With voting on the new four-year labor agreement concluding today, there is widespread rank-and-file opposition to the deal reached between the United Auto Workers and Chrysler covering around 25,000 hourly workers in the US.
The contract has been voted down at four plants, including factories in Illinois, Ohio and Michigan. While the UAW claims the deal is being ratified by a narrow margin nationally, it has not released the official tally of votes and has removed factory-by-factory totals from Facebook pages it oversees.
Workers at the Jeep factory in Toledo, Ohio voted Monday, and balloting is taking place at the Warren Truck Assembly plant in suburban Detroit today. The results at these major plants will likely determine the outcome.
There is deep hostility to the contract, which expands the two-tier wage system that pays new workers around half the wages of long-term workers. In addition, the agreement will continue a wage freeze, first imposed in 2003, for another four years.
During the 2009 restructuring of Chrysler by the Obama administration, which also gave control of the company to Italian carmaker Fiat, the UAW agreed to binding arbitration and a ban on strikes. It is now using this abandonment of workers’ basic rights to insist that workers will only get a worse deal from an arbitrator if they reject the contract.
Workers are also angered by the contract’s inclusion of a so-called Alternative Work Schedule, or AWS, which will basically compel them to be “on call” workers. The AWS will permanently eliminate overtime payments for working past eight hours each day and introduces rotating shifts and weekend work for straight time.
The attitude towards the AWS was displayed by the caustic remarks of workers on the Facebook page run by the UAW International, after officials posted a note saying, “Happy 73rd birthday to the 40-hour week,” next to a photo of UAW President Bob King.
One Ohio worker responded: “Now that’s funny, I work 12 hrs a day then a hour each way in the car. And working Saturday for straight time. But thanks for the 40 hr work week. O by the way, I would love to see you guys work this rotating shift.”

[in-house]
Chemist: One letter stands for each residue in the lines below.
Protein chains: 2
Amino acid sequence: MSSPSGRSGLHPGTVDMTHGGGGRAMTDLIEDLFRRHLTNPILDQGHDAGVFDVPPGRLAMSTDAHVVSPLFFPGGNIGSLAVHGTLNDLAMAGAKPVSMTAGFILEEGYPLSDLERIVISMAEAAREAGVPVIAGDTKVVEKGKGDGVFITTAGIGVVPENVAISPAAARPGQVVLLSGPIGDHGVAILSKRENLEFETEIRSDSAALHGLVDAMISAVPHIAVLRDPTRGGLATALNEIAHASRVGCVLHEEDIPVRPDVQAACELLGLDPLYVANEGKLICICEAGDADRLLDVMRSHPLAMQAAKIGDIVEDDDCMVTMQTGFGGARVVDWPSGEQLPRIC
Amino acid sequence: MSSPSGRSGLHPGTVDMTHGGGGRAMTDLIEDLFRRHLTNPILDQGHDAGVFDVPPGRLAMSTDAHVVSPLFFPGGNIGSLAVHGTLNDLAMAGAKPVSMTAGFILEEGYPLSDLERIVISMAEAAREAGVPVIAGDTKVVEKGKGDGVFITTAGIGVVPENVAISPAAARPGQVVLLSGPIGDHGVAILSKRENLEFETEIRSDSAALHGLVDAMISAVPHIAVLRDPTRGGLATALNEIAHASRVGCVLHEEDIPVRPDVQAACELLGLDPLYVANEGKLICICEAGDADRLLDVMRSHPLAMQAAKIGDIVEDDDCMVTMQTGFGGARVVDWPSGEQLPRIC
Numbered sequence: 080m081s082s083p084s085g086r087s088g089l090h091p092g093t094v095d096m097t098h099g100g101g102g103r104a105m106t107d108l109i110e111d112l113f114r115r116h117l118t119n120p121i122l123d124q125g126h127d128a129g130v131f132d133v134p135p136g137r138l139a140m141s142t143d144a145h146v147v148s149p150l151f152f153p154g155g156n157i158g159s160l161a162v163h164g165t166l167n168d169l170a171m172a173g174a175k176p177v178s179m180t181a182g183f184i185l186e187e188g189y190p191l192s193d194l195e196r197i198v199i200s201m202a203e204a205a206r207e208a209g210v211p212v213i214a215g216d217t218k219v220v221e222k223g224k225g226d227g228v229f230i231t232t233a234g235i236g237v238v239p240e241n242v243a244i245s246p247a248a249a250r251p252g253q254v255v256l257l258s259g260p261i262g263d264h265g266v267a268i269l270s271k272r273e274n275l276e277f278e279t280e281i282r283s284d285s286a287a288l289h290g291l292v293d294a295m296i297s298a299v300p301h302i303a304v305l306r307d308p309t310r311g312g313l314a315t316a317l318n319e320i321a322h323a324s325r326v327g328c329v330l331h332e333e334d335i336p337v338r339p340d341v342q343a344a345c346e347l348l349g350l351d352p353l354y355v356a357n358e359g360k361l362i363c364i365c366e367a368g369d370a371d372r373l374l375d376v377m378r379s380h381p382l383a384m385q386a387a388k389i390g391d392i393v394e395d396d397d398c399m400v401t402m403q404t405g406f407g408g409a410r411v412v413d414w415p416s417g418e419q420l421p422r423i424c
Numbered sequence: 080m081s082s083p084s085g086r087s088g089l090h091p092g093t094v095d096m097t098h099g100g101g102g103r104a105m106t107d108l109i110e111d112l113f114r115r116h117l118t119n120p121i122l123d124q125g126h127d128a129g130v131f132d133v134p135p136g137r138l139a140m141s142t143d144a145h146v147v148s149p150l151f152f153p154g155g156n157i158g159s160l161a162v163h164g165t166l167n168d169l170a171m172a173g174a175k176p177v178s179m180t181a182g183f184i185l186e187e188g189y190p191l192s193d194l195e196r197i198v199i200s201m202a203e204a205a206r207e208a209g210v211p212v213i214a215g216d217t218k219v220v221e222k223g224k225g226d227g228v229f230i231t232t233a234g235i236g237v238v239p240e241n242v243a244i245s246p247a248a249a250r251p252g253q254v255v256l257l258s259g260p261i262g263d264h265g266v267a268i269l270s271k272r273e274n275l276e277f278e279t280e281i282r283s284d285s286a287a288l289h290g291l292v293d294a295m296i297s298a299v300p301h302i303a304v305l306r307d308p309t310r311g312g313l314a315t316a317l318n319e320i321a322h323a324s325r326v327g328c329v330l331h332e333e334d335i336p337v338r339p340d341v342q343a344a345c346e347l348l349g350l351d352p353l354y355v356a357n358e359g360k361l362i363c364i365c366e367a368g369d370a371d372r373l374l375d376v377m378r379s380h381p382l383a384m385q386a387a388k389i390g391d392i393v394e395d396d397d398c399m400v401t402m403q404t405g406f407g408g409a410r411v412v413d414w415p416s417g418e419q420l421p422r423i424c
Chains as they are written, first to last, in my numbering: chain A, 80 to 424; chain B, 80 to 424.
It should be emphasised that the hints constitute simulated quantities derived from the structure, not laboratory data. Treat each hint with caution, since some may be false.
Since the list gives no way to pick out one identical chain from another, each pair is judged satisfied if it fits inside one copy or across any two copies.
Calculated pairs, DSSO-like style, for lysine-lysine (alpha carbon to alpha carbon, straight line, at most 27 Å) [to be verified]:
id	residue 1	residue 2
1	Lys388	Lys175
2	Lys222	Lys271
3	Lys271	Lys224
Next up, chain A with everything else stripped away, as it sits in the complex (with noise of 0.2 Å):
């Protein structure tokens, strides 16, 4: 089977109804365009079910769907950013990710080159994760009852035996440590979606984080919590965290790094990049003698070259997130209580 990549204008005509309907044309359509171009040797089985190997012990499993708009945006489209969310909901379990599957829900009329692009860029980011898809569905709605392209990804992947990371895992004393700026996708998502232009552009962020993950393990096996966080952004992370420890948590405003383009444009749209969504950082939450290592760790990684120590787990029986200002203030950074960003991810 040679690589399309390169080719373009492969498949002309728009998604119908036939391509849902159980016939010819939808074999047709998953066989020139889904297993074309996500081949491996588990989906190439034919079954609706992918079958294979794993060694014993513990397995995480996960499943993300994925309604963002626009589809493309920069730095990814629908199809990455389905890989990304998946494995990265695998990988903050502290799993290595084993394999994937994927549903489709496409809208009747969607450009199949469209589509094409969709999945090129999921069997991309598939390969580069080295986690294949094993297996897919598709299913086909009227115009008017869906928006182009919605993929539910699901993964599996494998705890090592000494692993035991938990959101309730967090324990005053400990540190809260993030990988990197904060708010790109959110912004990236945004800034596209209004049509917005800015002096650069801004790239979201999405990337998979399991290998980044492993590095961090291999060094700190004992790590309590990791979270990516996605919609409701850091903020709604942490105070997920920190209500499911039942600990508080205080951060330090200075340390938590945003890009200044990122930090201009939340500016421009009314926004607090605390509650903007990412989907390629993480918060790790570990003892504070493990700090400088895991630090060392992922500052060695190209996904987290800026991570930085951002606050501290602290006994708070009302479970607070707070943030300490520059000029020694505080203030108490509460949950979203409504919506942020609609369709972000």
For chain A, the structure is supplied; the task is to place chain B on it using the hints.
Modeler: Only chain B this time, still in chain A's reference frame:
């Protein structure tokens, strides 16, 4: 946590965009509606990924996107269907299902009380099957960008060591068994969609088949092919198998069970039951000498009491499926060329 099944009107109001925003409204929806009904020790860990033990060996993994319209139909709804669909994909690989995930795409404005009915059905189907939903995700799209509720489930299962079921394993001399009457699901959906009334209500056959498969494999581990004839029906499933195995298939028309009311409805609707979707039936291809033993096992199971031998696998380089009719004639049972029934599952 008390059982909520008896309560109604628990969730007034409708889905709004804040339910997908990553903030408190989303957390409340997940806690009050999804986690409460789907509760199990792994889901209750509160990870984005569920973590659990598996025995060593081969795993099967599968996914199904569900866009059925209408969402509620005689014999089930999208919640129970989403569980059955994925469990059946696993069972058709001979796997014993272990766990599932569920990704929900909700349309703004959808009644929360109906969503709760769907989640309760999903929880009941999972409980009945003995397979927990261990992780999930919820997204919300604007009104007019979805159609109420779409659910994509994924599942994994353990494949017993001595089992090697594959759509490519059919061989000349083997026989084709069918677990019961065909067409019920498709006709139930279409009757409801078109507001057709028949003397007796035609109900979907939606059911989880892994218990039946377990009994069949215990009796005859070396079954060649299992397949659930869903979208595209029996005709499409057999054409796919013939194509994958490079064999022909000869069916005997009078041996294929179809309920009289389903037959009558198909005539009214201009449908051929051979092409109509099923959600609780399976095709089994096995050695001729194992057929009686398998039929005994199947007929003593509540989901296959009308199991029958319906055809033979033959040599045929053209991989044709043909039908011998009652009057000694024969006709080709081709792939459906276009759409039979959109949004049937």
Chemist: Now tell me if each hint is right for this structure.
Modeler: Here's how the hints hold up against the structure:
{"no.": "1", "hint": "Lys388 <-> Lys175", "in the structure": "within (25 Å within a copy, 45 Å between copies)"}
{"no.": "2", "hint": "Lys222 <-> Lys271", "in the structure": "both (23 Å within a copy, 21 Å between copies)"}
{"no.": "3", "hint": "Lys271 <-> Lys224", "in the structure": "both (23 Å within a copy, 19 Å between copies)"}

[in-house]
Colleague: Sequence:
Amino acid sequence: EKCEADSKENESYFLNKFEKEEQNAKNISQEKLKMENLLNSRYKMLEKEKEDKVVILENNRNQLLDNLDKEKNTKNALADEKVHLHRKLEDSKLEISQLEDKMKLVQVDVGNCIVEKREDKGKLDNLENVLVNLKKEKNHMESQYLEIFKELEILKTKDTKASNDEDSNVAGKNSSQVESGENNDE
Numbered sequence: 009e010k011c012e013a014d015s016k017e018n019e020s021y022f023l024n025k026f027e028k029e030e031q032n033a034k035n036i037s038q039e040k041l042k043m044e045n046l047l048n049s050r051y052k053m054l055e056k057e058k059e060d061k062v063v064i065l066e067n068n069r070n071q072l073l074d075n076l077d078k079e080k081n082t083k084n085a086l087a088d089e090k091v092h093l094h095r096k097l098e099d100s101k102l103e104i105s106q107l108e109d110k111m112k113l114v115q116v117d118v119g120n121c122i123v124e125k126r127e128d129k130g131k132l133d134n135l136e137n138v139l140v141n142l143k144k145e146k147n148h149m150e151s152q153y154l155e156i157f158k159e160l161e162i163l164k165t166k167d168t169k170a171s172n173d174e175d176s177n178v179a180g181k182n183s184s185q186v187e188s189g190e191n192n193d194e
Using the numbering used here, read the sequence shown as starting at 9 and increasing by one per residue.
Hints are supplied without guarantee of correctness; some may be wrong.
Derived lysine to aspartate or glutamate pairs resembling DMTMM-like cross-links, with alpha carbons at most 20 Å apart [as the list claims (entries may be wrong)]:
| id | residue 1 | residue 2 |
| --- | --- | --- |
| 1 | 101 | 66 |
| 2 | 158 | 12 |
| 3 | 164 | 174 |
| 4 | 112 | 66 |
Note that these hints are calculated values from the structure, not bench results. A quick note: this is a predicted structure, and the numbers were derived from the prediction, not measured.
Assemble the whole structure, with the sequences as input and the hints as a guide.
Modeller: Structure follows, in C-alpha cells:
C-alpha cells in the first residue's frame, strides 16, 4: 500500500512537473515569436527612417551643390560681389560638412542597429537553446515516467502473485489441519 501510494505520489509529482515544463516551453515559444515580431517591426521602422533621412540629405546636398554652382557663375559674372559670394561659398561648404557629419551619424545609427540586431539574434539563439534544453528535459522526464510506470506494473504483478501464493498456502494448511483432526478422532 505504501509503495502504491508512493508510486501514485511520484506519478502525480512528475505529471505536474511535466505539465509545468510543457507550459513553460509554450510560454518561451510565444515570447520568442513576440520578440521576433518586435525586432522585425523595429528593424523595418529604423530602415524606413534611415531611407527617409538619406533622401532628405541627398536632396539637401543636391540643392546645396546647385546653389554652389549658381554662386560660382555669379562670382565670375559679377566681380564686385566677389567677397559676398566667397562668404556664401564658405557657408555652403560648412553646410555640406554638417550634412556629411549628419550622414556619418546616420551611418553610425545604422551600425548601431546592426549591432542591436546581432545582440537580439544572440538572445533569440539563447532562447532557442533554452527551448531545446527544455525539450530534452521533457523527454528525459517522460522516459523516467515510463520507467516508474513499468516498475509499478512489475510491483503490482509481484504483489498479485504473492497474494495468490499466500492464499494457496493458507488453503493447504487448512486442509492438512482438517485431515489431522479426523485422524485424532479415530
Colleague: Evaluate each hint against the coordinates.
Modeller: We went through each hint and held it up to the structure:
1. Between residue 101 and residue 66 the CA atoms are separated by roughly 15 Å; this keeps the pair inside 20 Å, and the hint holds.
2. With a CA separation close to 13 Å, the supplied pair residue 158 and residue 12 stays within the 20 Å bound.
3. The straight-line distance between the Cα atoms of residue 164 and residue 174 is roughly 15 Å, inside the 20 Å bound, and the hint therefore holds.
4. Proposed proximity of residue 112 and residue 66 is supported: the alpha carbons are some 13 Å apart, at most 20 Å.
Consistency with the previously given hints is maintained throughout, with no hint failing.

A Detroit area Chrysler worker added, “You took that 40-hour week and killed the workforce, guess that’s why you get so much more money and perks than us! I’ll bet Chrysler appreciates your efforts!”
Another worker wrote, “It makes me wonder if you are all trying to taunt us. Why would you post such an article during this time? It’s like you are trying to torture us mentally. I feel like I’m in a 3rd world torture camp.”
On Monday, the UAW reported the contract passed by a 58-42 percent margin at the Jefferson North Assembly plant in Detroit. A large number of workers abstained, with only 1,881 of the plant’s 2,700 workers casting ballots.
The UAW told media outlets that the vote was scheduled for Monday, while it was actually completed on Friday. Concerned that the tide of voting was turning against the contract, the Detroit News noted, “the UAW has been trying to prevent the release of results from individual factories until the last ballots are cast Tuesday.”
A young worker at the plant told the WSWS the contract passed because many workers were concerned about losing their jobs. “A lot of workers felt it boils down to feeding your family, even if it means giving up things that were fought for. We were told we couldn’t strike either.”
In fact, the 2,100 jobs supposedly “created or saved” will pay tier-two wages, which start at about $15 an hour. The UAW has boasted that Chrysler is shifting some production from Mexico, China and other low-wage countries back to the US because of the “competitive” wages introduced by the UAW. At the same time Fiat boss Sergio Marchionne is threatening to shut plants in Italy unless workers accept American-style wage cuts and “labor flexibility.”